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And thus they drive away and usher in my new life.
It all feels quite strange, though the strangest feeling of all is one I did not expect. My mind, for some reason, still thinks that a week from now, they will be coming back to pick me up: but in reality, I could be spending the next few years of my life here. It makes it hard to unpack when your mind tells you it’s a waste of time because you’ll just have to pack it all up again.
I’ve got most of the most important stuff out and ready, though the other shipmates who live in the apartment are nowhere to be found. Luckily, I have my own room and the internet is lightening fast: however, it is quite disconcerting to see evidence of someone living here and yet no one is around (especially when that evidence is a stack of steak knives on the counter).
Things are much quieter, and though I thought before it would be easier to hear myself when things were quiet, the silence seems to press upon me louder than any sounds from where I used to live. I have a certain feeling that the experience of the first week here will leave a lasting impression upon not only me but upon my writing, possibly because when I write, I seem to project wherever I am in life onto my characters. Since writing the second book will be spent in this place, I sincerely believe that my new life will affect it in ways only real life experience can, and perhaps bring out something I hadn’t imagined before.
All the silent noise also makes it quite hard to climb into bed, knowing when I wake up there will be no one around to wish me a good morning. However, things seem to be lightening for me already. First things first, I got my stereo out and hooked two of the speakers up so I could drown out the irritating silence. Flipping through the stations I found something I liked, only to discover it was Delilah. Certainly not something I wanted to hear when I was down enough as it was. So I flipped to the country station and caught the rough vocals of Johnny Cash, singing:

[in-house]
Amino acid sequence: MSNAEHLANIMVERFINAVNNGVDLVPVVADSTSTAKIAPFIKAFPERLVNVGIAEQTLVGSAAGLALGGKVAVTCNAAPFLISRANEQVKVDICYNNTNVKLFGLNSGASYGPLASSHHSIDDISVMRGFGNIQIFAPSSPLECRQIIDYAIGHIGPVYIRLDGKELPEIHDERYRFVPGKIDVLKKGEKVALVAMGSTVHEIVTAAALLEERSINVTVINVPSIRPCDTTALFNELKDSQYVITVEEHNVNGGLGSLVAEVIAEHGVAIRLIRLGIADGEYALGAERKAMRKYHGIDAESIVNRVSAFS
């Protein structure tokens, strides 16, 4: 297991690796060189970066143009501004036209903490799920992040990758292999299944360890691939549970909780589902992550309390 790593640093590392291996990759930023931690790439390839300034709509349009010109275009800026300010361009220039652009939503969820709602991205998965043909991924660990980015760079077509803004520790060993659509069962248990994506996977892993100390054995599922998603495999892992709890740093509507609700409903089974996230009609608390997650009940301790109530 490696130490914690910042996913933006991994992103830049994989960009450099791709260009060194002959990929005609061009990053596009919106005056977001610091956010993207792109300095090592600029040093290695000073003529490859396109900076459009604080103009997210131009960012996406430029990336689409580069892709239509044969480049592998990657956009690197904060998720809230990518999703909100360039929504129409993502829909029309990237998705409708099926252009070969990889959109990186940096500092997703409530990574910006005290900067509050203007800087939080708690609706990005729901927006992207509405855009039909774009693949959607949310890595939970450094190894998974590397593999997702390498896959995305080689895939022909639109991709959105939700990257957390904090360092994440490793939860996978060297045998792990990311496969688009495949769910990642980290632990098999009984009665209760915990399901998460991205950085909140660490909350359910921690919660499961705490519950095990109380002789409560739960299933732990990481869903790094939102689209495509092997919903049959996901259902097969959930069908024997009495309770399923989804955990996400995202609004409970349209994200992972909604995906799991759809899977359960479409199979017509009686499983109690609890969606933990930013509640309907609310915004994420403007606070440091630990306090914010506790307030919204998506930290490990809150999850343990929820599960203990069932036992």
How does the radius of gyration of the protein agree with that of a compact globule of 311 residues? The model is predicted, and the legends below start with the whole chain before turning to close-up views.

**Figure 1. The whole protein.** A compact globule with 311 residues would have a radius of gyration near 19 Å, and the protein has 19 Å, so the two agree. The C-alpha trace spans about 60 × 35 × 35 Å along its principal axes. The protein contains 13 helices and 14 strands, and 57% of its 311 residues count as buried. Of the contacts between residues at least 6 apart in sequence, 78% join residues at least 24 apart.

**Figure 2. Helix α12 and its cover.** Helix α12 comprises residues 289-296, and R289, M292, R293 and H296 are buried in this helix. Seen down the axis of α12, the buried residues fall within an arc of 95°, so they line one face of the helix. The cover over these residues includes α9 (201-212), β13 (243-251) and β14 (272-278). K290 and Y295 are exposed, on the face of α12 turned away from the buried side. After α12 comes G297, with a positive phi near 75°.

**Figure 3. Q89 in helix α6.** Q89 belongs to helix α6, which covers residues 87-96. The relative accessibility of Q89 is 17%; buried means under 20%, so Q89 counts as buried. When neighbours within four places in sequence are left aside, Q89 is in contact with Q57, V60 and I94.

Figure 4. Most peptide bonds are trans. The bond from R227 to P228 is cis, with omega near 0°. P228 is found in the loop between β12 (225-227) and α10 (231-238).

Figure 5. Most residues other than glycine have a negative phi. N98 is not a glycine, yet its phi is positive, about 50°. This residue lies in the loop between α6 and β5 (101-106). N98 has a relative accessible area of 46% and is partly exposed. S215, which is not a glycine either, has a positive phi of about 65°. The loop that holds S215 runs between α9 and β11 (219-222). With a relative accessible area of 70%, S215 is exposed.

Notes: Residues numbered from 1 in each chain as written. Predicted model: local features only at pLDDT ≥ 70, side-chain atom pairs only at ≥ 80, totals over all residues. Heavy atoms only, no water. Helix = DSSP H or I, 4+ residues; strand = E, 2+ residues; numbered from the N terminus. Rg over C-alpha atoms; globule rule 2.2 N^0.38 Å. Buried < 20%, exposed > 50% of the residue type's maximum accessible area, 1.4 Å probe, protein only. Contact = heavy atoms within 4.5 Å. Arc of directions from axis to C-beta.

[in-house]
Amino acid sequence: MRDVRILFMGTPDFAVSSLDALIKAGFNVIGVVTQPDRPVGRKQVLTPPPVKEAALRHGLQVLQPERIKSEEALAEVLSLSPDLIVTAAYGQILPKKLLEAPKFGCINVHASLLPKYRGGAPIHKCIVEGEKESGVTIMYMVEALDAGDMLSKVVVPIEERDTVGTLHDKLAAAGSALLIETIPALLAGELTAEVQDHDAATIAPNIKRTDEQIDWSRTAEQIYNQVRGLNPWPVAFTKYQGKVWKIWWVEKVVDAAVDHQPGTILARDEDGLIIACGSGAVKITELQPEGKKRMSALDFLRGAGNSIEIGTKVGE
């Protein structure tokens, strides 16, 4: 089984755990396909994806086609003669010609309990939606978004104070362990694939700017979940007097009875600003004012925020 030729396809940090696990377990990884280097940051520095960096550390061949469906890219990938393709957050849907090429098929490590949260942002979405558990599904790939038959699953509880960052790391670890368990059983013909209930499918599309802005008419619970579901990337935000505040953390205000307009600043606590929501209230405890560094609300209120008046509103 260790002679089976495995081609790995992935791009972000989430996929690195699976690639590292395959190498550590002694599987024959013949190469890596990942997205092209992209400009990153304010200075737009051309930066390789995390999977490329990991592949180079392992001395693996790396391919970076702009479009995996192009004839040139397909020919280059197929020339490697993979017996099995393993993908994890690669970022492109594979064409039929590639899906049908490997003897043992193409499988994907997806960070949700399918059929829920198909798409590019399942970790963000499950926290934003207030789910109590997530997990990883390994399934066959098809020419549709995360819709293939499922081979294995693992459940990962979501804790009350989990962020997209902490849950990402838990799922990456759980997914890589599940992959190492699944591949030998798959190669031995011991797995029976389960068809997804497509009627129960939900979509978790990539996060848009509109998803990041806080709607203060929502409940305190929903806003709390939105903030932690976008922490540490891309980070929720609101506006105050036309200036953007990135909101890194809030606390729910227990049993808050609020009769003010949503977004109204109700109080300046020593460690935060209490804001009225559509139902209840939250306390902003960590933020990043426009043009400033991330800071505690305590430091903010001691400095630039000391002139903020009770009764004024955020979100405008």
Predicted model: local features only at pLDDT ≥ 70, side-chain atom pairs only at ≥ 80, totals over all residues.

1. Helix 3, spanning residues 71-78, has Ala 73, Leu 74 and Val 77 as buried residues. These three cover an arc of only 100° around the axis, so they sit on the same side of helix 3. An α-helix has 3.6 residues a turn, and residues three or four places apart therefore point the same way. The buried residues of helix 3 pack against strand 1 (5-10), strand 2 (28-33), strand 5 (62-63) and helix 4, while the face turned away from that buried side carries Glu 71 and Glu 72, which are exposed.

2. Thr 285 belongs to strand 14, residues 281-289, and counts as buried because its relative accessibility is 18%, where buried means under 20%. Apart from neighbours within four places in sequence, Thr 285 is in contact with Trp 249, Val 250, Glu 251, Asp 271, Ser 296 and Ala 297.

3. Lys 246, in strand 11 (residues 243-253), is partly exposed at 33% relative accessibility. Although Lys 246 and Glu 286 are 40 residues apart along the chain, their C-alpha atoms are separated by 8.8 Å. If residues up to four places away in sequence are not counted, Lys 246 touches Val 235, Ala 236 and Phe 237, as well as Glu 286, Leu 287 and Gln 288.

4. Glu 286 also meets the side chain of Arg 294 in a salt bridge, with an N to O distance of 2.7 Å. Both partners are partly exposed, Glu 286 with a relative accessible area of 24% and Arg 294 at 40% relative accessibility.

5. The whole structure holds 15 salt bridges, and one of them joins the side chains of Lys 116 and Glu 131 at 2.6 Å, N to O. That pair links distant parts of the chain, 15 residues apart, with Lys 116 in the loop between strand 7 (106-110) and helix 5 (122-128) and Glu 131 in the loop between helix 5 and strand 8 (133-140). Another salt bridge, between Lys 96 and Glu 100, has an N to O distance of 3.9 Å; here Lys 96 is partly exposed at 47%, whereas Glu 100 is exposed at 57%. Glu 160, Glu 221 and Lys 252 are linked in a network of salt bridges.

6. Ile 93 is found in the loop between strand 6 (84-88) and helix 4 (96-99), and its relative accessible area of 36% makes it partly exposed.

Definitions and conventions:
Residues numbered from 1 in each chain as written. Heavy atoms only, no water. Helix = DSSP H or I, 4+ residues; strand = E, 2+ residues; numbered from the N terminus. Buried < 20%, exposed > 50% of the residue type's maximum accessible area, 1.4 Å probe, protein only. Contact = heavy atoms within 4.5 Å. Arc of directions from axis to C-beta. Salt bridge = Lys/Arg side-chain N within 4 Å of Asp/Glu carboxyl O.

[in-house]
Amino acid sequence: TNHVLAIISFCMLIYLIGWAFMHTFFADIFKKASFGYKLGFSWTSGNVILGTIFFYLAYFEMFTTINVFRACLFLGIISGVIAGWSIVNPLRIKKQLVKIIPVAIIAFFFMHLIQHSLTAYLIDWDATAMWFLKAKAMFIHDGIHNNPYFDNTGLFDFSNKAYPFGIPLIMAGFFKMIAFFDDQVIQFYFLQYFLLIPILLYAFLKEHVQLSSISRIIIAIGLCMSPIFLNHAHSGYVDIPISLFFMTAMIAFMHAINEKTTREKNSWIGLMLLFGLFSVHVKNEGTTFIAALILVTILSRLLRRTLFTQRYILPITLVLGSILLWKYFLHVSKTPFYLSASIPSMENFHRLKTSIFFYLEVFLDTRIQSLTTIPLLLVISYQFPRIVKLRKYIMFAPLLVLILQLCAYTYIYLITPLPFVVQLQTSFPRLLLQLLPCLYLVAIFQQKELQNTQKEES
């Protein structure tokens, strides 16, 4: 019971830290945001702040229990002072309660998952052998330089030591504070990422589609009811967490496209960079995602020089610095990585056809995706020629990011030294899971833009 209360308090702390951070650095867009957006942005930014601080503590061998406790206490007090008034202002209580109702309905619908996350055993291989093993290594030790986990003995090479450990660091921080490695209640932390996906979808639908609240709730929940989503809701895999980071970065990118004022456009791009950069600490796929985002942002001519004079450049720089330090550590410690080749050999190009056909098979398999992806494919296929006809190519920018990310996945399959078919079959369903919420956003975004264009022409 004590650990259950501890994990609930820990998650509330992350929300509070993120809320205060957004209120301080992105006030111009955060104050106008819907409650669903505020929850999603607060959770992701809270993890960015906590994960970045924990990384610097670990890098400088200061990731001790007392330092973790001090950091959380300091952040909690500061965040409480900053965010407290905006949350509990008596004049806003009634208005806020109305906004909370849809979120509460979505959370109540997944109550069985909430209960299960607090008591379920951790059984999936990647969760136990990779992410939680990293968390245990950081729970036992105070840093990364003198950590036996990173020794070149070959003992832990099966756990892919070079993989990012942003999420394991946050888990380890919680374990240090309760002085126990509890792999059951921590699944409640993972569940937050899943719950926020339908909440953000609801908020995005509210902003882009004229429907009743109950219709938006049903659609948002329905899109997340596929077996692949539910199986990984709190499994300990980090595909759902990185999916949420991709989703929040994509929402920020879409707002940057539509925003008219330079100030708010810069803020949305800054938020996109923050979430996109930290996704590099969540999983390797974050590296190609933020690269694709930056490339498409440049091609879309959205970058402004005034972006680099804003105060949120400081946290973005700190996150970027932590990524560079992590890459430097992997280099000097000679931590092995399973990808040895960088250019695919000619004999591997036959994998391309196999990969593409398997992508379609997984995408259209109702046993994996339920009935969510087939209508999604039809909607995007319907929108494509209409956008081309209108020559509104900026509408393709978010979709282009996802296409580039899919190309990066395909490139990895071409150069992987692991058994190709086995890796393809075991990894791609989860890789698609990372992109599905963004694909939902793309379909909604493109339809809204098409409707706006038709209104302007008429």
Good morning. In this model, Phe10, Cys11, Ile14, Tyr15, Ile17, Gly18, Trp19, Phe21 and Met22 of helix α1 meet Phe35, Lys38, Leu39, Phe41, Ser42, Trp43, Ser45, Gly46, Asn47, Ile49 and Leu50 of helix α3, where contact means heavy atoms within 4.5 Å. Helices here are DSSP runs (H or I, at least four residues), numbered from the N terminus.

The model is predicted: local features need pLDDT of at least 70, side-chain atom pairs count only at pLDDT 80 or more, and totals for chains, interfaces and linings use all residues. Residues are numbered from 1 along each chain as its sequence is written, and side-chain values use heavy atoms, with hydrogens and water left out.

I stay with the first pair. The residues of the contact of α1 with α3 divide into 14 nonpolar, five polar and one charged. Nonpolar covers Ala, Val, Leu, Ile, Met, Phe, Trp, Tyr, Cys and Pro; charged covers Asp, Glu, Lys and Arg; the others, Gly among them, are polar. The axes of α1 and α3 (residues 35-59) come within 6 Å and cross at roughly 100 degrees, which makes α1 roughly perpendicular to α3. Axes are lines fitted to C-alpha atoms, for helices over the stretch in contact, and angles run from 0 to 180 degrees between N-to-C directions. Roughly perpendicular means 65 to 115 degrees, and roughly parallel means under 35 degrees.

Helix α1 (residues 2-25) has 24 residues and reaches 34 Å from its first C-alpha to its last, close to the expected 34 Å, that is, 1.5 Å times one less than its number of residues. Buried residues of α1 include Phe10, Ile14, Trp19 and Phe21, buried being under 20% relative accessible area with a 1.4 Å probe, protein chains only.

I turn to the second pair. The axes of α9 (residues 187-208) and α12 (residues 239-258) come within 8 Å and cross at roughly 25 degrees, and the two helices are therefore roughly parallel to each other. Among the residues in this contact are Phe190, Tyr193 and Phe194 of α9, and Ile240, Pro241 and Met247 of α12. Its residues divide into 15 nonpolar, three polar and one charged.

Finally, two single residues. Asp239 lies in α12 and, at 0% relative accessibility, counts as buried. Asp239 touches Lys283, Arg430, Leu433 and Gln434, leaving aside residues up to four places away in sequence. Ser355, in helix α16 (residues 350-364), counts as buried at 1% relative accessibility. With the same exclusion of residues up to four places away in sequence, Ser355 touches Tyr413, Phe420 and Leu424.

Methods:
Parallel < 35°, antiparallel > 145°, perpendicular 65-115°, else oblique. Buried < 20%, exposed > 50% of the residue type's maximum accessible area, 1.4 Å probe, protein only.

My daddy left home when I was three
And he didn’t leave much to ma and me
Just this old guitar and an empty bottle of booze.
Now, I don’t blame him cause he run and hid
But the meanest thing that he ever did
Was before he left, he went and named me “Sue.”
Well, he must o’ thought that is quite a joke
And it got a lot of laughs from a’ lots of folk,
It seems I had to fight my whole life through.
Some gal would giggle and I’d get red
And some guy’d laugh and I’d bust his head,
I tell ya, life ain’t easy for a boy named “Sue.”
Well, I grew up quick and I grew up mean,
My fist got hard and my wits got keen,
I’d roam from town to town to hide my shame.
But I made a vow to the moon and stars
That I’d search the honky-tonks and bars
And kill that man who gave me that awful name.
Well, it was Gatlinburg in mid-July
And I just hit town and my throat was dry,
I thought I’d stop and have myself a brew.
At an old saloon on a street of mud,
There at a table sat the dirty, mangy dog that named me “Sue.”
Well, I knew that snake was my own sweet dad
From a worn-out picture that my mother’d had,
And I knew that scar on his cheek and his evil eye.
He was big and bent and gray and old,
And I looked at him and my blood ran cold
And I said: “My name is ‘Sue!’ How do you do!
Now your gonna die!!”
Well, I hit him hard right between the eyes
And he went down, but to my surprise,
He come up with a knife and cut off a piece of my ear.
But I busted a chair right across his teeth
And we crashed through the wall and into the street
Kicking and a’ gouging in the mud and the blood and the beer.
I tell ya, I’ve fought tougher men
But I really can’t remember when,
He kicked like a mule and he bit like a crocodile.
I heard him laugh and then I heard him cuss,
He went for his gun and I pulled mine first,
He stood there lookin’ at me and I saw him smile.
And he said: “Son, this world is rough
And if a man’s gonna make it, he’s gotta be tough
And I knew I wouldn’t be there to help ya along.
So I give ya that name and I said goodbye
I knew you’d have to get tough or die
And it’s the name that helped to make you strong.”
He said: “Now you just fought one hell of a fight
And I know you hate me, and you got the right
To kill me now, and I wouldn’t blame you if you do.
But ya ought to thank me, before I die,
For the gravel in ya guts and the spit in ya eye
Cause I’m the cough-cough that named you “Sue.'”
I got all choked up and I threw down my gun
And I called him my pa, and he called me his son,
And I came away with a different point of view.
And I think about him, now and then,
Every time I try and every time I win,
But if I ever have a son, I think I’m gonna name him
Bill or George! Anything but Sue!
Far away from home, but at least I’m still in Texas. All is well.